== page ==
4.3

Great Car, maint. Costs a little pricey

I have an ‘09 135i AT and love the car. Test drove a N55 (2011 135i) and Porsche Cayman back to back and preferred the power delivery of the 135i, granted it was a base Cayman. Nonetheless, the Porsche was more expensive so I ended up buying a N54 135i a couple of months later. I did really enjoy the N55, but 14,800$ for a 35K mile car seemed (at the time) like a better deal. I bought the car at carmax and bought an extended warranty (which has already paid for itself and then some), had I not gotten the warranty my view of this car may be completely different bc some of the xxxxxxI’ve had by now would’ve totaled thousands of dollars. Transmission problem cost abt 2500 to fix (covered by warranty), stereo screen monitor 700$, windshield wiper fluid reservoir 400$, vanos sallinoid (sp?) 400$...Tires are 1000$ a year it . I think I’m leaving out one or two fixes that came up...thankfully the warranty covered most of the repairs. Other than that, the car is a blast to drive, steering feel is great! Power is awesome, engine sound is so smooth yet strong at the same time, handles the twisty roads effortlessly, I personally love the stout stubby , bulldog look of it. Im6.3, 240 and I fit great in the car, so it’s comfortable (the Cayman was very tight interior space wise)...for an 11 year old car the car is well built (have the slightest of rattle on the dash which is hard plastic), doesn’t always rattle but on bumpy roads I sometimes notice it and it’s annoying. All in all, I bought this as a second car for fun, and it has been fun. But had I not gotten the warranty, I think I’d be pissed! So I can understand the gripe in some of these reviews! Also, I considered modifying and may still do so, but only after the warranty has run its course. In retrospect if I had to do it over, I might have gotten a Boxster , and definitely would’ve gone manual. But this is what I have and I’m still loving it! I had also considered the M235...but couldn’t justify paying 25-30k for a toy...near $15k and I prefer the looks and steering more. The sound system kinda sucks btw

2.0

Most unreliable car I’ve ever owned

I purchased a 2009 BMW 135i in the moth of July 2018 from BMW of Gwinnett Place, at first glance the car was the total package. At only $14,000 I bought a lightweight, 300 horsepower convertible with a dual clutch transmission. The car was purchased stock and remained stock throughout ownership. I had plans for modifications like an upgraded exhaust, tune, bov/charge pipe, etc but the car kept breaking down every other month before I could get to modifying it. At first I figured a German car with 65,000 miles may have a few small kinks to be worked out, but no. This car had several major problems that resulted in $7k worth of repairs which was half of what I paid for the car. It left me stranded on 4 separate occasions and other occasions where I still had to get it towed. I ended up knowing a AAA agent on a first name basis. The coolant system once exploded ($2300) a pipe leading to the turbos broke into pieces ($1500), the belts were worn really badly ($750), the brakes never lasted long ($850), the hvac system was prone to failing ($700), the ignition coils weren’t reliable either ($900), and the list goes on. It’s obvious that German cars aren’t cheap to fix but don’t expect the repairs and maintenance to be a rare occurrence like a regular car. I learned to expect something to fail every time I started the car. When originally purchased the car was inspected and given a ‘clean bill of health’, either the car wasn’t inspected and they lied to me or the car was inspected and they lied to me. Either way I traded in this BMW for a CPO Infiniti Q50 with a 6-year unlimited mile warranty and have been very happy with it.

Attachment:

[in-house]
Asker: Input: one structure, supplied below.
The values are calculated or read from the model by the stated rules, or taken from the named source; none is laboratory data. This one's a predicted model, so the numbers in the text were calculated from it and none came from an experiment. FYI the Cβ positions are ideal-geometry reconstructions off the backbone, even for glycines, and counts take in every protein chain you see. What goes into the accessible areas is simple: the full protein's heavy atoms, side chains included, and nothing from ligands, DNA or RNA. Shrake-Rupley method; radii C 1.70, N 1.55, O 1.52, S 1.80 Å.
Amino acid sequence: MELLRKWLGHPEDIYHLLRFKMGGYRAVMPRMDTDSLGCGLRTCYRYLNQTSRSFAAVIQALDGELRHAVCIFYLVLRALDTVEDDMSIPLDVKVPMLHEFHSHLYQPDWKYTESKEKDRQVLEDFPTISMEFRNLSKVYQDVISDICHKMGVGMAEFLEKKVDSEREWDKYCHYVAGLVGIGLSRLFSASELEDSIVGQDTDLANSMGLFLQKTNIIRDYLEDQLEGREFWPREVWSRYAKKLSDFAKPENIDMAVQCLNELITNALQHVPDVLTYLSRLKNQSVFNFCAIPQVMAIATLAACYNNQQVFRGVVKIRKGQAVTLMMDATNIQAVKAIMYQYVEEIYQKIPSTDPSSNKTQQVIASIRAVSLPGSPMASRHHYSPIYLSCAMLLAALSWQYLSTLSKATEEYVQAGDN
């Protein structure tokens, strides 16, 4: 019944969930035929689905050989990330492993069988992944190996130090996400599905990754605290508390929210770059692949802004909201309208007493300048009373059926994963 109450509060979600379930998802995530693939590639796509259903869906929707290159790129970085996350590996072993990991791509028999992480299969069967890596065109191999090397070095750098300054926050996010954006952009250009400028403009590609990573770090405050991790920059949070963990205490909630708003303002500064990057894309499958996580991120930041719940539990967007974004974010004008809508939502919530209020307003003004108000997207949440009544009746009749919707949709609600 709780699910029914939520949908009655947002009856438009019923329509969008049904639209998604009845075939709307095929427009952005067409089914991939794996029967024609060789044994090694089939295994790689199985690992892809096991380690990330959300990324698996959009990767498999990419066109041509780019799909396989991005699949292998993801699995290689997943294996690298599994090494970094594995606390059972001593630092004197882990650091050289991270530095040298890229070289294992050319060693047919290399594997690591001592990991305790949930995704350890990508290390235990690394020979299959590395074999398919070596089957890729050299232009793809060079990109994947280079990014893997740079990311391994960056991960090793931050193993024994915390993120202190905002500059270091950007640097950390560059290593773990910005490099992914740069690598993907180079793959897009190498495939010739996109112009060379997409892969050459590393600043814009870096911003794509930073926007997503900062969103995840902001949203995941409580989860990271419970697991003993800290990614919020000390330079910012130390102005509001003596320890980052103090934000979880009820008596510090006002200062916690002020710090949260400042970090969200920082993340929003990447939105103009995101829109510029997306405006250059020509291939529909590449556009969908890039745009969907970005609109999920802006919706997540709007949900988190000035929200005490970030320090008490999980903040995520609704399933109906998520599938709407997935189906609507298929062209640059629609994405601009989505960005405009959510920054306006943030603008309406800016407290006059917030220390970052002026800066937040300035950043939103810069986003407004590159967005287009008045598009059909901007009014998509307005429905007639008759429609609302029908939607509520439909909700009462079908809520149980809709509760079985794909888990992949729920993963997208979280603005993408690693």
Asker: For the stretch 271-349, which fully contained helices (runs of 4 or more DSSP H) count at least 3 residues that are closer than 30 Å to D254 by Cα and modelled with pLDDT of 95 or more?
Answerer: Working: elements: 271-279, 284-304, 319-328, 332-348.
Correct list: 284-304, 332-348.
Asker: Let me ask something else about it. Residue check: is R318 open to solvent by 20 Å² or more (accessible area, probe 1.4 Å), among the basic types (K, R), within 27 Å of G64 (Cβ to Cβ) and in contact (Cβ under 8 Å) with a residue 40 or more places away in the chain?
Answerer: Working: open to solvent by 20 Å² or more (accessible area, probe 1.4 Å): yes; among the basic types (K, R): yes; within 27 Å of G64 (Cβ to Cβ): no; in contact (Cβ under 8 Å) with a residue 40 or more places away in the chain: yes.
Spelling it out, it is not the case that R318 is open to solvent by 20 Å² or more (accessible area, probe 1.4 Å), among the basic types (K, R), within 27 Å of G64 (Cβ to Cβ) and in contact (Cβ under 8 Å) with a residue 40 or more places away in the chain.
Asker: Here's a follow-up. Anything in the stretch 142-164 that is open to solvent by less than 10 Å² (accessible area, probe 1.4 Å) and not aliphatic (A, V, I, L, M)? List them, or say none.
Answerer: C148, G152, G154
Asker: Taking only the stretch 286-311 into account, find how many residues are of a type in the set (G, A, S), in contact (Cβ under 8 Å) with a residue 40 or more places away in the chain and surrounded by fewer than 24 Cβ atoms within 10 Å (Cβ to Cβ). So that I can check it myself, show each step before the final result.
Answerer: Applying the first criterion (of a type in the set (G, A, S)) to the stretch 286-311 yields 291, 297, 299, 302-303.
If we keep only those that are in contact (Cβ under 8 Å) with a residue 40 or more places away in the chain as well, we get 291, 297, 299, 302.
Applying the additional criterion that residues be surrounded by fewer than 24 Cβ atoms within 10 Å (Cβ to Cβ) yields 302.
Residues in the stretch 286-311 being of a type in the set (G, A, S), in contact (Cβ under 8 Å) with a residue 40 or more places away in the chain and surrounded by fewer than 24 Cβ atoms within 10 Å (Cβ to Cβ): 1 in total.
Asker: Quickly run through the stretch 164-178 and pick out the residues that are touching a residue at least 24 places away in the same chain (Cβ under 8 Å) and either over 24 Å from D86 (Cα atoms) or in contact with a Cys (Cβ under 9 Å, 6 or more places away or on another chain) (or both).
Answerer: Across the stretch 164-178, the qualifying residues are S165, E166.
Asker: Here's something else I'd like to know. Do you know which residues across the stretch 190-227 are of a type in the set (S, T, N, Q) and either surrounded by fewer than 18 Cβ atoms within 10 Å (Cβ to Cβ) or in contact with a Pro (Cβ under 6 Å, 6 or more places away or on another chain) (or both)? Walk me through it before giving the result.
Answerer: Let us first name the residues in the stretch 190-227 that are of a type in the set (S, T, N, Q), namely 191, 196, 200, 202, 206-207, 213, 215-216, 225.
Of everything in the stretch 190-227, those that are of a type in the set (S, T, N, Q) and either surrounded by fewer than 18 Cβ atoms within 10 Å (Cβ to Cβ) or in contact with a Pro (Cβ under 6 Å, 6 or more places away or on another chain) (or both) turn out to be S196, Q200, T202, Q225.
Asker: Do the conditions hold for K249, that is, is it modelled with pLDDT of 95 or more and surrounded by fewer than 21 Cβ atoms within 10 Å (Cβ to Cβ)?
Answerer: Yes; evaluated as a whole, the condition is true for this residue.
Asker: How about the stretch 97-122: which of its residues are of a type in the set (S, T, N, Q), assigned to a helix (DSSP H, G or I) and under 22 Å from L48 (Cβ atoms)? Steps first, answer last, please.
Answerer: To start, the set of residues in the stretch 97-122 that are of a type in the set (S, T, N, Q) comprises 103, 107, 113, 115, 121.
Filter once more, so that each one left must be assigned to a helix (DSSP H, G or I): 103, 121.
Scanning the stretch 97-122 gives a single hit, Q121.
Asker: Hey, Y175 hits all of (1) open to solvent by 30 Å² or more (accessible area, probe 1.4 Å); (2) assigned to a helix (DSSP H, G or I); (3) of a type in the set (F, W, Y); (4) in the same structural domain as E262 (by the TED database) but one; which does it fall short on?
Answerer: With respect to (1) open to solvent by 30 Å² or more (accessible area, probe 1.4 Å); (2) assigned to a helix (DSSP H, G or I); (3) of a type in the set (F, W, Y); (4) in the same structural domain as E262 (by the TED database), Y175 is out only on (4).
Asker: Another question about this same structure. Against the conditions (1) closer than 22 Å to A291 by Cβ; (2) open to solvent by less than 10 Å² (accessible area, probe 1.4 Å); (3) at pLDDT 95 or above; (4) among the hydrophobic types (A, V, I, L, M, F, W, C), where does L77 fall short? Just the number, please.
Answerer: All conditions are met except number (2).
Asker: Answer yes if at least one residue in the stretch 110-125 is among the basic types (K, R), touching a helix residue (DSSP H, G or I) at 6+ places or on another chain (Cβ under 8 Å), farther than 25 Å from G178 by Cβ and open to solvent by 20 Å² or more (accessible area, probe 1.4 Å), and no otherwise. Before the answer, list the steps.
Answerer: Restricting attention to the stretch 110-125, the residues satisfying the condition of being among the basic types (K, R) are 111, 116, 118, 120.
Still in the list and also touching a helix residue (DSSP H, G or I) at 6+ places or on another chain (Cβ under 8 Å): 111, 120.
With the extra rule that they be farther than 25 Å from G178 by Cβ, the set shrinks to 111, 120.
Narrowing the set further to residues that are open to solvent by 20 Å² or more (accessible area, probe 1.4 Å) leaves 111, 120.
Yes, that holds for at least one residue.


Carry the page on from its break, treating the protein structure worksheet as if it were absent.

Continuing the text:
See all 23 consumer reviews

Warranty

New car and Certified Pre-Owned programs by BMW
New car program benefits
Bumper-to-bumper
48 months/50,000 miles
Corrosion
144 months/unlimited distance
Maintenance
48 months/50,000 miles
Roadside assistance
48 months/unlimited distance
Certified Pre-Owned program benefits
Maximum age/mileage
Certified Pre-Owned Elite with less than 15,000 miles; Certified Pre-Owned with less than 60,000 miles
Basic warranty terms
1 year/unlimited miles from expiration of 4-year/50,000-mile new car warranty
Powertrain
N/A
Dealer certification required
196-point inspection
Roadside assistance
Yes
View all cpo program details

Have questions about warranties or CPO programs?

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See all 2009 BMW 135 articles